It was 2:45am when I was woken to go on deck for the hardest watch of the day: 3am-6am. That brief moment between waking and dressing was important to know what gear to wear. Quiet, easy motion indicated warm clothes and wooly hat. The violent lurches of the boat and a loud rush of water overhead meant I’d be clambering into all the protective gear I could find: drysuit, harness, lifejacket and sea boots.

This was near the Grand Banks, an area of shallow water off Newfoundland that were rich fishing grounds but dangerous in a storm. It was during the last part of a transatlantic sailing race in September 2000. We had crossed the chilly Labrador current and were closing in on Boston having started in Southampton a couple of weeks earlier.

When had been tracking the weather forecasts showing a storm would pass as we planned to cross the Grand Banks. We evaluated the options and decided sailing South to remain in deeper waters was safest. We prepared the boat and ourselves for a difficult 24 hours and raced on. We were all tense, but we were ready.

These days the challenges I face are in the world of health IT. As I work in the Acute Delivery function of the Office of the CIO, I spend my time with managers and leaders in health figuring out how to travel the journey to more effective, efficient and safe services. These decisions are rarely straightforward, involve incomplete information, unforeseen consequences and significant uncertainties; much like the challenges I faced with my crew-mates crossing the Atlantic.

The Project Management Institute publication “Navigating Complexity” describes what constitutes a complex project:


These characteristics are present in many of the projects I’m involved in, day-in, day-out. Introducing technology to support patients and health professionals is usually broadly welcomed. But when the simplicity of pen and paper is replaced by the complications of structured data capture and formal workflows there are many challenges to overcome.  Dr. Tony Shannon, a health informatics leader with Ripple, has shared many insights from complexity theory and how they help understand health systems.

As I work with hospitals and hospital groups to plan their IT investments into the future, there are many additional characteristics of complexity in play. Decision-making with imperfect information, ambiguity, and developments in the policy environment is decision-making under pressure. Nonetheless, decisions must be made.

The process we follow uses these approaches:

  • Clarity on where you intend to be: infrastructure, applications and integrations;
  • Understanding where you are in terms of systems, capabilities and skills;
  • Chart the best course possible from where you are, start the journey, and expect it to change as you go.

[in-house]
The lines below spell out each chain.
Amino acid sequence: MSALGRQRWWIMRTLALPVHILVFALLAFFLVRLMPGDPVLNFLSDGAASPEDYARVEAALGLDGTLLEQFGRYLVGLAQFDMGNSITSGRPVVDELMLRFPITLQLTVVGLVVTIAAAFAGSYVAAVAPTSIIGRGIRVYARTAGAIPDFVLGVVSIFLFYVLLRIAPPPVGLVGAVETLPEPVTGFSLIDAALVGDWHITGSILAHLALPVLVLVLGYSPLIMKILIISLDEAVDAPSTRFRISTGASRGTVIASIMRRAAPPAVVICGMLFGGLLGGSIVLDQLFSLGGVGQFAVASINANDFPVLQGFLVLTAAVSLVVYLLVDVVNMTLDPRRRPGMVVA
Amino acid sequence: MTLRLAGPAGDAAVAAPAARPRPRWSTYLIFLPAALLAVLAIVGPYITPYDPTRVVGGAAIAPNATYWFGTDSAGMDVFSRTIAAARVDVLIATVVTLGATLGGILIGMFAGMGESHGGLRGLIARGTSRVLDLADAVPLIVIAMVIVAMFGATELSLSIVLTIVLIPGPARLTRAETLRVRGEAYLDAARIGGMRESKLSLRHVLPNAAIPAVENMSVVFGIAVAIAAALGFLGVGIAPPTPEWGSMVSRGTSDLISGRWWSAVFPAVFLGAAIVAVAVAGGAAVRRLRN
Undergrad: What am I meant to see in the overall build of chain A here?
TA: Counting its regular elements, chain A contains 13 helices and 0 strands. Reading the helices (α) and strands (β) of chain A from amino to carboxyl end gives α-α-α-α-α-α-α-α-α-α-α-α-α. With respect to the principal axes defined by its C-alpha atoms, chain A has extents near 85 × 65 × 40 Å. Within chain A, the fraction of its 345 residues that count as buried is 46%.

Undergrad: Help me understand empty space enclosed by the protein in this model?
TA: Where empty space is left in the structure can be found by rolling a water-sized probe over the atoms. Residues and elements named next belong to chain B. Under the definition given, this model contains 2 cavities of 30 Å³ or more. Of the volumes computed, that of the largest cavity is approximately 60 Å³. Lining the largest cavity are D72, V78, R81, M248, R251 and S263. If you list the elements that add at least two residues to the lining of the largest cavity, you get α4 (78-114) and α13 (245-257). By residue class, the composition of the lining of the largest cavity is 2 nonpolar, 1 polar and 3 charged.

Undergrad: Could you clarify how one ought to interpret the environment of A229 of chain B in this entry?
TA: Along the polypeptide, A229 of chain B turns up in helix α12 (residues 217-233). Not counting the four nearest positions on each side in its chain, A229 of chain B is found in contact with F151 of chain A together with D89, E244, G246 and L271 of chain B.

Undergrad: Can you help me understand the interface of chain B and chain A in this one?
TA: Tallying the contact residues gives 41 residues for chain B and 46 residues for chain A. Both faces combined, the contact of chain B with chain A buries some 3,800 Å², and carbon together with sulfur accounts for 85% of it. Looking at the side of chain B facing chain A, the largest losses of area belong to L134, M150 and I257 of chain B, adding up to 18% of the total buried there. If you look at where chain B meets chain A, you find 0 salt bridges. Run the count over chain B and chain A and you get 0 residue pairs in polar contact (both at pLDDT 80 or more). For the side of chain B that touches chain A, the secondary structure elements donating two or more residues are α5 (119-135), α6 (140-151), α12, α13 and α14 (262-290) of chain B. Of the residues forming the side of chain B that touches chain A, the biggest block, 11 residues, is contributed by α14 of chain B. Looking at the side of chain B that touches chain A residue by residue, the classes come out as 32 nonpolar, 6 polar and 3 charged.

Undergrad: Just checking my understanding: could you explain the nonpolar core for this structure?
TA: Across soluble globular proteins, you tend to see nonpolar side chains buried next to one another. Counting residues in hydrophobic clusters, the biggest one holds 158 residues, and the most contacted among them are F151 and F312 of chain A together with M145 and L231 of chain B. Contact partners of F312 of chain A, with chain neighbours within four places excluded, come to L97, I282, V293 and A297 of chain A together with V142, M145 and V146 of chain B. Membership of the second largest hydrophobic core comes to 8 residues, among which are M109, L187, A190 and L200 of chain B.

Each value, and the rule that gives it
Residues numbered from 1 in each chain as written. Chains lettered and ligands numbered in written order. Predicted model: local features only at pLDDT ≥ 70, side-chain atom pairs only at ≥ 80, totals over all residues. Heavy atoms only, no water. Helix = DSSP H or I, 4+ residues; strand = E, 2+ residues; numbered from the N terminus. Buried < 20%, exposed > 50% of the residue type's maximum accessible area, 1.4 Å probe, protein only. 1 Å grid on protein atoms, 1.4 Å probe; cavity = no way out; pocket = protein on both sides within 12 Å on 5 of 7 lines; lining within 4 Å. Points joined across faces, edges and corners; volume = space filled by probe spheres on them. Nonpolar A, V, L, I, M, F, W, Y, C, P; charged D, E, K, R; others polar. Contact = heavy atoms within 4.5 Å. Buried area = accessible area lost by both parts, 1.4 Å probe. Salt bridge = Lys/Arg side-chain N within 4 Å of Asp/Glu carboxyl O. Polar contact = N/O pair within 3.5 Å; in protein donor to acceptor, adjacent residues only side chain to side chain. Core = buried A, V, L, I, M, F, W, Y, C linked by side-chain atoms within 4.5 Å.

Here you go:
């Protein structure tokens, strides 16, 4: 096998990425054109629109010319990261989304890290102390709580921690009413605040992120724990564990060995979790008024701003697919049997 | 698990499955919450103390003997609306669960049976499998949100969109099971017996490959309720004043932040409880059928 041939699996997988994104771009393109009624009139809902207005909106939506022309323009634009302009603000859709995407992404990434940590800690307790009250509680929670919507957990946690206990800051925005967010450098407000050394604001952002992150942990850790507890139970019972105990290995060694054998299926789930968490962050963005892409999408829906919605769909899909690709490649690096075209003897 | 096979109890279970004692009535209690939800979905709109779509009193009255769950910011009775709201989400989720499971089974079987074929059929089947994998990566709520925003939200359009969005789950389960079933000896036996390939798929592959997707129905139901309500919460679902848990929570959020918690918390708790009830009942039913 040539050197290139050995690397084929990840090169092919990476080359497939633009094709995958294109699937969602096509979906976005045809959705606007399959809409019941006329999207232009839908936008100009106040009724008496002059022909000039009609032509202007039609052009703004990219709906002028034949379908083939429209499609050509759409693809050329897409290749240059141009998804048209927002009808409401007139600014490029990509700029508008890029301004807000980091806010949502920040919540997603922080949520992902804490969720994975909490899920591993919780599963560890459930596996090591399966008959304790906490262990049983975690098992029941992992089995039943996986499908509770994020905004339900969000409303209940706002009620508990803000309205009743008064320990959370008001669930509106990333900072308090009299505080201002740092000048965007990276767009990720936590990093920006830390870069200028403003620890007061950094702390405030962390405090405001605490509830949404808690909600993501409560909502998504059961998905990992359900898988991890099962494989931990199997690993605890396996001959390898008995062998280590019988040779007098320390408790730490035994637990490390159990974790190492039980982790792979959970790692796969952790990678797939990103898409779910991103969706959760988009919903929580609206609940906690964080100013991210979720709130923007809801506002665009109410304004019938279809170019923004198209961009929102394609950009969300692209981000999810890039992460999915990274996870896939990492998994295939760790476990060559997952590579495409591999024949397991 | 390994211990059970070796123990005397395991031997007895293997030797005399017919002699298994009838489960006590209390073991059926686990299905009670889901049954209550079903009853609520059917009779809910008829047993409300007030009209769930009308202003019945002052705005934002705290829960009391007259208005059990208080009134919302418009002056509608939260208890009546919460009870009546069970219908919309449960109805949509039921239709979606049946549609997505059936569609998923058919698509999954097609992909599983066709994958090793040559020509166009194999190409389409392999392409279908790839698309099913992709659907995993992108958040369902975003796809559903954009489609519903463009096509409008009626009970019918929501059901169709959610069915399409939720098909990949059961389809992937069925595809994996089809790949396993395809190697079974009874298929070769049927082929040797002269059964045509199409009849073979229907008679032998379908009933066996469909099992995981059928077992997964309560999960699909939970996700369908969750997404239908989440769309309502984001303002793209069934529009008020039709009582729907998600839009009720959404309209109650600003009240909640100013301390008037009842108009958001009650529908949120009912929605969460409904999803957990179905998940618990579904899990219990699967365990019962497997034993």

Nationally, a lot of effort has gone into developing a clear, coherent and costed view of an Irish Health system enabled by the Electronic Health Record. Part of being clear about where a hospital group intends to use IT, is to be clear how the EHR will enable their part of the health system.

Equally important is knowing the current infrastructure, systems and capacity of the hospital group. It’s more than just technology. It’s about understanding how the people involved in health IT can further contribute to health transformation.

The third part of the approach is to chart a course towards the desired future, identifying intermediate waypoints and milestones along the way. This involves making difficult choices about how to apply precious resources and skills to start and complete projects that will bring the organisation towards the vision. Small gains build to big wins for our health professionals, for our service users and for our communities.

The PMI guidance is valuable and describes the competencies required to manage complexity.

There is no one formula that assures success. Choices have to be made with incomplete information, with an uncertain landscape and unknown risks. Establishing the way forward requires collaboration between health IT experts, clinician leaders and service management.

When we skirted the Grand Banks in September 2000 we were making the best decisions possible with imperfect information. There was a storm we couldn’t avoid, but we planned ahead and we were ready for it; we battened down the hatches, we ate early, we shortened sail, we kept each other safe and we adapted to the conditions that came. With a mixture of exhaustion and relief we emerged out of that storm unscathed.
Thankfully there are few days in the office as dramatic as a storm on the Grand Banks. But the challenges we deal with on ordinary days are just as important. They require skill, perseverance, and good judgement. Patience, teamwork and communication are essential. And always with an eye on the forecast and horizon…